Seventeenth Century Debates
September 8, 2011
Reformed Theological Diversity and Debates Within Seventeenth-Century British Puritanism
Edited A. G. Haykin and Mark Jones
(Vandenhoeck & Ruprecht, 2011)
A terrific book, the kind that lights my fire, encompassing seventeenth century issues furthering the cause of the Reformation. Controversies there were aplenty, some crossing confessional boundaries, others not so much. Included in the volume are chapters by Richard Muller (Calvin Theological Seminary) which covers seventeenth century with his customary thoroughness. Alan Strange (Mid-America Reformed Seminary) takes up an issue that, as it happens, spills into current debates on the New Perspective on Paul, viz., the Imputation of the Active Obedience of Christ and its inclusion/non-inclusion in the Westminster Confession; Crawford Gribben (Trinity College Dublin), whose recent books on Puritan millenarianism have been ground-breaking, continues the debate here; John Fesko (Westminster Seminary California) writes on the lapsarian Diversity at the Synod of Dordt; Jonathan Moore writes on the doctrine of Limited Atonement, furthering his contribution in his earlier work on John Preston by focusing on John Owen and John Davenant; Hunter Powell writes on Presbyterian debates on ecclesiology; Mark Jones takes up the issue of covenant theology, including the vexed issue of the Mosaic covenant and its relationship to a covenant of grace or works; Carl Trueman (Westminster Seminary) furthers his own contribution on the necessity of the Atonement (see his volumes on John Owen, The Claims of Truth, and John Owen: Reformed Catholic, Renaissance Man); Robert Mckelvey (Potchefstroom) writes on Eternal Justification; Joel Beeke (Puritan Reformed Theological Seminary) continues his own contribution to Assurance; Mark Herzer (Potchefstroom) examines what exactly was offered to Adam as a reward, including contributions from Thomas Goodwin, Francis Turretin; and Michael Haykin with Jeffrey Robinson (Southern Baptist Theological Seminary) include a fascinating discussion on Particular Baptist Debates on Communion and Hymn-Singing.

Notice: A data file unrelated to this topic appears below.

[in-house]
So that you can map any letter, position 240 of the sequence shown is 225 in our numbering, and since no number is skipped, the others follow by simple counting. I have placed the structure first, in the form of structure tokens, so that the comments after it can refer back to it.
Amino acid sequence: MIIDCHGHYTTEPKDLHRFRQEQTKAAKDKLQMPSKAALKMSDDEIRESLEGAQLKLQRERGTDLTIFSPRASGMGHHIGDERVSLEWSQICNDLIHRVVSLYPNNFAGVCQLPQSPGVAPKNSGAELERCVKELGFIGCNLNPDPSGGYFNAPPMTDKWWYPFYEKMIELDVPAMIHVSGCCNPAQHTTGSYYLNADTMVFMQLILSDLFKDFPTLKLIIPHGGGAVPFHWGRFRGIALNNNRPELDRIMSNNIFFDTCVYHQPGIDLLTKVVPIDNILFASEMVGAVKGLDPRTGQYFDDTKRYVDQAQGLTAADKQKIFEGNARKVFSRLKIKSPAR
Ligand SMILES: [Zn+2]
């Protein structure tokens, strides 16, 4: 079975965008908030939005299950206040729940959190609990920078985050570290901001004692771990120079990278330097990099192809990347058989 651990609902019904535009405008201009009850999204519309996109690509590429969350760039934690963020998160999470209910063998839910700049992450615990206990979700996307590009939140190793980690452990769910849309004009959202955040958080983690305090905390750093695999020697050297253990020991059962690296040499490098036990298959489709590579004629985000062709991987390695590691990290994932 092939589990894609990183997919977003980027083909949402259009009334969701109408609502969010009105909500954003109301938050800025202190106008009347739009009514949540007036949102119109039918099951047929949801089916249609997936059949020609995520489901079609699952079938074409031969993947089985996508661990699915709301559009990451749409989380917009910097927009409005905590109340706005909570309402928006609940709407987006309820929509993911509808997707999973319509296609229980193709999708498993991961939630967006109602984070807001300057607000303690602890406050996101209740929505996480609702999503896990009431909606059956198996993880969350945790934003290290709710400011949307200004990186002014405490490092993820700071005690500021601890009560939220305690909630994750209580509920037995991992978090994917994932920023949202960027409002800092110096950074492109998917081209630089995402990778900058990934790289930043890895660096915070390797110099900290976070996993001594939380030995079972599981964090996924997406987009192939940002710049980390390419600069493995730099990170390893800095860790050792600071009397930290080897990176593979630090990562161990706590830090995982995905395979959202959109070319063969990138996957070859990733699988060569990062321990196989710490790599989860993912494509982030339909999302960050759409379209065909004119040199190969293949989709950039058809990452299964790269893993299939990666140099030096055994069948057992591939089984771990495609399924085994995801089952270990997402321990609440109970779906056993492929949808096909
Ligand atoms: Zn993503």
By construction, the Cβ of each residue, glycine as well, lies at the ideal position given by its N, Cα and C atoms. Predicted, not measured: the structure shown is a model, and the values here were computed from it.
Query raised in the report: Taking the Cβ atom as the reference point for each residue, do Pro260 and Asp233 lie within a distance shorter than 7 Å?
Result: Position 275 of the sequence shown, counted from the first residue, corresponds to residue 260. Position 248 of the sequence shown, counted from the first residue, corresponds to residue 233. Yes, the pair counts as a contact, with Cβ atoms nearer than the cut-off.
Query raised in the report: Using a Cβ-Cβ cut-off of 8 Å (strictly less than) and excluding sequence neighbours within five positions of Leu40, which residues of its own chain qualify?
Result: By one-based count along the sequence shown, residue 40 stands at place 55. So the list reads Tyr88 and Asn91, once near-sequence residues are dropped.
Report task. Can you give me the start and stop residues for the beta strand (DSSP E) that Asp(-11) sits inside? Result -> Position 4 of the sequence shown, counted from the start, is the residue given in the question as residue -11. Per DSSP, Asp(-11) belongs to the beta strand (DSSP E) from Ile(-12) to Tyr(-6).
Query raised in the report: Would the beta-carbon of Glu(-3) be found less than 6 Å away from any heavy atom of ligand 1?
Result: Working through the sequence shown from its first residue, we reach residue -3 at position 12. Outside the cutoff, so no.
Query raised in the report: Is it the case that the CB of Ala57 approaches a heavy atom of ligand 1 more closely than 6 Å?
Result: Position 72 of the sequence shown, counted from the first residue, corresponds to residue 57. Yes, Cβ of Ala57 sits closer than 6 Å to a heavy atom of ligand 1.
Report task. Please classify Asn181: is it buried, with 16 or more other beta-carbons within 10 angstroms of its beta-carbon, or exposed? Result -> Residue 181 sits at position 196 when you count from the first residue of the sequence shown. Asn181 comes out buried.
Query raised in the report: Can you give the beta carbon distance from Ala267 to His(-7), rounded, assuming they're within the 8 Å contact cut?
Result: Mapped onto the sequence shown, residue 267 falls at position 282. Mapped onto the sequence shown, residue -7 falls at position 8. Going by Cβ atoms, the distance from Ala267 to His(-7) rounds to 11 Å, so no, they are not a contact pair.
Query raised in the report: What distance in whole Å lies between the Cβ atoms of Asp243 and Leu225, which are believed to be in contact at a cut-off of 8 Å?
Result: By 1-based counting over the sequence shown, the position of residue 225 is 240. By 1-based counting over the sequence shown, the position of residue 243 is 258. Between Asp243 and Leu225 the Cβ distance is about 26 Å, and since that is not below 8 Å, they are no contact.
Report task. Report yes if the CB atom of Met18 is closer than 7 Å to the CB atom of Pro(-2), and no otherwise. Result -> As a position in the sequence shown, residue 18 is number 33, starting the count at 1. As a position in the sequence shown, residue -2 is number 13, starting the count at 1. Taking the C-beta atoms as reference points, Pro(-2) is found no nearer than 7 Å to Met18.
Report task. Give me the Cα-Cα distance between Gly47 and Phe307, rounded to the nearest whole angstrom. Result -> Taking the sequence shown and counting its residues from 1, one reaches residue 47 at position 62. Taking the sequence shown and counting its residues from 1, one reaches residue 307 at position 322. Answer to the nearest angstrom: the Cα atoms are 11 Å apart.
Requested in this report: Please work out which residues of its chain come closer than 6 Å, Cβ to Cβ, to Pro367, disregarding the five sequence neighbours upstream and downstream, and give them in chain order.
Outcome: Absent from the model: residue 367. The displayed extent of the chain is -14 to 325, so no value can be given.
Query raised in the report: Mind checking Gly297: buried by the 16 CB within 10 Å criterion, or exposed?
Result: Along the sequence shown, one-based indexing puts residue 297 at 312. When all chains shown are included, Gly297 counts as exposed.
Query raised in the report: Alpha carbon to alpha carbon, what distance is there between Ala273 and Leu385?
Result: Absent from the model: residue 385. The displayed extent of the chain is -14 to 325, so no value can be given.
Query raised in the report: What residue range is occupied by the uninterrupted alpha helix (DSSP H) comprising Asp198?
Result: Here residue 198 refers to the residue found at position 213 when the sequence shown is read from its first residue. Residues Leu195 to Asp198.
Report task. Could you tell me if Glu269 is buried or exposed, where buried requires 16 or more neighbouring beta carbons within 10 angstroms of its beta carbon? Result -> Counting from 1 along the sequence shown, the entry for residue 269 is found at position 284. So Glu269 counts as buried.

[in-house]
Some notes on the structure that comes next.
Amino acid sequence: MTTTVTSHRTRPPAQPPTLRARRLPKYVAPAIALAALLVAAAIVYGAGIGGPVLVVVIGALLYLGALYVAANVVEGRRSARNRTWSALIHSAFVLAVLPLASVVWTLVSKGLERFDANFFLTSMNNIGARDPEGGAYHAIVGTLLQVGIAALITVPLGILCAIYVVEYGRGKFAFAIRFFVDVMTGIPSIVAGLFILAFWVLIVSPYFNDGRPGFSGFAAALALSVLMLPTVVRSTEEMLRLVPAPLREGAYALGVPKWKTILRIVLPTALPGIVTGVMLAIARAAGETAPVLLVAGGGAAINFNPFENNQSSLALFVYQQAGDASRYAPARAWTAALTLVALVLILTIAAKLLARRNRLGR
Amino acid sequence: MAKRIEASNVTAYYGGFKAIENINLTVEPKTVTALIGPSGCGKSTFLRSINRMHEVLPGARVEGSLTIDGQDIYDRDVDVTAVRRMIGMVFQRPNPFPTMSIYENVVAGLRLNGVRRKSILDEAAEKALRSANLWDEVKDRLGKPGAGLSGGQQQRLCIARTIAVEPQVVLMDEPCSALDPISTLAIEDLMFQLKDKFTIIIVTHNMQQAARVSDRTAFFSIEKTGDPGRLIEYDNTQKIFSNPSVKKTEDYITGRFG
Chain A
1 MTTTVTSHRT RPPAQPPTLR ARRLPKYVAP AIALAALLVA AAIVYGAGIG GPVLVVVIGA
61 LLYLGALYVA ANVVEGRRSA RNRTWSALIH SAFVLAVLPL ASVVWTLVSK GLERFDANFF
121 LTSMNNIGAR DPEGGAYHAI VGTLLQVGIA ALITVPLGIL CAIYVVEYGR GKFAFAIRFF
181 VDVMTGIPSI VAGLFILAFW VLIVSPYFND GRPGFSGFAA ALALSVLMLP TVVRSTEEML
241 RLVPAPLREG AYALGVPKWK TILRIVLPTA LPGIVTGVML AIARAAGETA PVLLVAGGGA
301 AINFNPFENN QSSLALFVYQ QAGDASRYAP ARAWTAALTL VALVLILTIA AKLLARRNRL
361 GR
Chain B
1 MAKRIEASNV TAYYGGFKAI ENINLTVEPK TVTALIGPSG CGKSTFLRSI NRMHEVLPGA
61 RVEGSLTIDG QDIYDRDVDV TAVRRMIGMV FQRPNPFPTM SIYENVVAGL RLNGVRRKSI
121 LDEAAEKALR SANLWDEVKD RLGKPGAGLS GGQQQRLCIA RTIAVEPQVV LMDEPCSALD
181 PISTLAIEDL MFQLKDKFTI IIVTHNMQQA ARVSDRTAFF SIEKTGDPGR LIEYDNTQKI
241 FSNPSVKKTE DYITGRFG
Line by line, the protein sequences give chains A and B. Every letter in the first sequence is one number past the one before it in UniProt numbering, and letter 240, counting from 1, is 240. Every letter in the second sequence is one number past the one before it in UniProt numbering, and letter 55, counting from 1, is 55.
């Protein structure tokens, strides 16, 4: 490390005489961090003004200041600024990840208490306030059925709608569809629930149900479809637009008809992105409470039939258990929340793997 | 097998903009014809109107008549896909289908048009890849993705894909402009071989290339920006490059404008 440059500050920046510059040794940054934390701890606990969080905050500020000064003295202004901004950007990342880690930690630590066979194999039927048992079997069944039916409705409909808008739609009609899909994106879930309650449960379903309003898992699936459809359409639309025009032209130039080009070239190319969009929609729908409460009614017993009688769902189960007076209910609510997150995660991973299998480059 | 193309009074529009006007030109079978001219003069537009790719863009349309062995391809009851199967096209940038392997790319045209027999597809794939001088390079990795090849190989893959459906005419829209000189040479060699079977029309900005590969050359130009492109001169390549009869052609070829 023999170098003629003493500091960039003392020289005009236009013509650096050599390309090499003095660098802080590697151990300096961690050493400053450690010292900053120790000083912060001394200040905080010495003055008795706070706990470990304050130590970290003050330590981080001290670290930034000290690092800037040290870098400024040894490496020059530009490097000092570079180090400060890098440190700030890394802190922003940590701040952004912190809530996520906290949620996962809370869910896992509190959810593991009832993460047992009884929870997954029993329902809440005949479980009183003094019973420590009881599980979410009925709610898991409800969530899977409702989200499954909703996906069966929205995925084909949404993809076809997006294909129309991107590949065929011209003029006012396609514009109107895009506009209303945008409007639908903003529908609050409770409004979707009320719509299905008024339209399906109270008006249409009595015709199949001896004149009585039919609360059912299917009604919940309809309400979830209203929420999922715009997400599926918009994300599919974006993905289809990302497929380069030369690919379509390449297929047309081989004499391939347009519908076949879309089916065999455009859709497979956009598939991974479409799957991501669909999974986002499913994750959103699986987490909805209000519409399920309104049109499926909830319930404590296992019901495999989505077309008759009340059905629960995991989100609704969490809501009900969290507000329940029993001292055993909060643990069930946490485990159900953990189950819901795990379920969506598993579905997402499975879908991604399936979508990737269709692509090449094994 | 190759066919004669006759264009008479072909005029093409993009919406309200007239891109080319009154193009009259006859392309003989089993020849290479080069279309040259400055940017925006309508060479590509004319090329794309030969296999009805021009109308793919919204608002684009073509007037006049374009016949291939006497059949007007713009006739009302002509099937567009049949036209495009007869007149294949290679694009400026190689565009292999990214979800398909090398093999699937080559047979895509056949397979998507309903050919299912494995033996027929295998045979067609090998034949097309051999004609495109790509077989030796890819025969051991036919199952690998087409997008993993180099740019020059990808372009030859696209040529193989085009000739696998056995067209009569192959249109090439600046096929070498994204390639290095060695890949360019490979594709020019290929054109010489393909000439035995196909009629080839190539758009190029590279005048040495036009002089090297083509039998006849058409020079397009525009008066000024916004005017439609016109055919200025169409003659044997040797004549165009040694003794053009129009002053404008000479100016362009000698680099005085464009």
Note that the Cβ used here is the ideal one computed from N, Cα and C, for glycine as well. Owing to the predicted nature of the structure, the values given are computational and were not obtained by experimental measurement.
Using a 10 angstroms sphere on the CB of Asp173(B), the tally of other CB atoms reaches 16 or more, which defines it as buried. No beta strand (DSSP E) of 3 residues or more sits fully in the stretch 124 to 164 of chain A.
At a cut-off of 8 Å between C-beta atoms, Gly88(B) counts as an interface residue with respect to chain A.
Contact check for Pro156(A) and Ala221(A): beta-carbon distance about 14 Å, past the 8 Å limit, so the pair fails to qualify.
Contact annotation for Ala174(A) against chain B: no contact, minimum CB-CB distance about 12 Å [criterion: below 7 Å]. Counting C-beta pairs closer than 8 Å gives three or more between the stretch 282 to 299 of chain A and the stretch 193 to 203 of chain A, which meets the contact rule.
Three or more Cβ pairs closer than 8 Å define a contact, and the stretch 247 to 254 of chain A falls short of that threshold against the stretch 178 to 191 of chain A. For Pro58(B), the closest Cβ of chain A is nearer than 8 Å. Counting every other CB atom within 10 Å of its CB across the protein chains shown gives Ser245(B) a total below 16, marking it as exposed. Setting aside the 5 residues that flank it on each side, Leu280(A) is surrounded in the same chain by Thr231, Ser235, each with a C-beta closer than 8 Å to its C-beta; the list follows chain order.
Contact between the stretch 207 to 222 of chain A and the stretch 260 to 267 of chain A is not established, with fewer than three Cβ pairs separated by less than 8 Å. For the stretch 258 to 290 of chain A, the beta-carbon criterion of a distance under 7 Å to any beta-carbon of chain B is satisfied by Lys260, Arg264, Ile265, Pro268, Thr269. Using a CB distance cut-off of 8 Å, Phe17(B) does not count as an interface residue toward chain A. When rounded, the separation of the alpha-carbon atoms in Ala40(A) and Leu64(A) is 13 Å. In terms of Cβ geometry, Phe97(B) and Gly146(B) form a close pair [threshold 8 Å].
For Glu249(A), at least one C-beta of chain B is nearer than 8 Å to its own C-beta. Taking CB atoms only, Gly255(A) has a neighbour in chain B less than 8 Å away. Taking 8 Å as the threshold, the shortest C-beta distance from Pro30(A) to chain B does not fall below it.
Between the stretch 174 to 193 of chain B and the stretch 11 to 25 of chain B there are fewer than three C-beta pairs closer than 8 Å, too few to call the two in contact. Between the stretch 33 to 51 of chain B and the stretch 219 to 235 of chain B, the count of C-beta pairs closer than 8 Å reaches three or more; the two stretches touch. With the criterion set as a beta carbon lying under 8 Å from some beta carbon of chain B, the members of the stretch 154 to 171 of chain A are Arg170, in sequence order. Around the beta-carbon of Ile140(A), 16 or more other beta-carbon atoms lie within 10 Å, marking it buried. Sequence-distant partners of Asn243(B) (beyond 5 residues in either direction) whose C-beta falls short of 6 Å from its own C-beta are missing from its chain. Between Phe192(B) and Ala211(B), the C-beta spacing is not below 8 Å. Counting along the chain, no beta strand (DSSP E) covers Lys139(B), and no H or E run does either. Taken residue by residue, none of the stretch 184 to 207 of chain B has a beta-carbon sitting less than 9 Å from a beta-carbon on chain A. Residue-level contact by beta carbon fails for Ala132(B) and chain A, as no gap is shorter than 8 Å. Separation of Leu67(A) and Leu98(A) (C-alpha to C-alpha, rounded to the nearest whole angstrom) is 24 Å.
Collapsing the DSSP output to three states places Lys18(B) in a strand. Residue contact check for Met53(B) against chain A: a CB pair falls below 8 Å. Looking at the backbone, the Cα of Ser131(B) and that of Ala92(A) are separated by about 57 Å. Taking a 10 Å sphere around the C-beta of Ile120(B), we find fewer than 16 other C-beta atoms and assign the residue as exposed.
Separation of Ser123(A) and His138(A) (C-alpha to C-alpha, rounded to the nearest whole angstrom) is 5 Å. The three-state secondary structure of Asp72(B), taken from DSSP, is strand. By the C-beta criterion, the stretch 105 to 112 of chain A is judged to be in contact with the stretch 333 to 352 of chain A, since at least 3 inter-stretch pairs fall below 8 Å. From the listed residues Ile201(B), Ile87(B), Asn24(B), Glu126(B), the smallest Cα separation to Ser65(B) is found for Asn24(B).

The draw-back for this gem? The price. But, for less than a night out with Carl Trueman, you have a volume to which you can turn again and again. Definitely for seventeenth century nerds.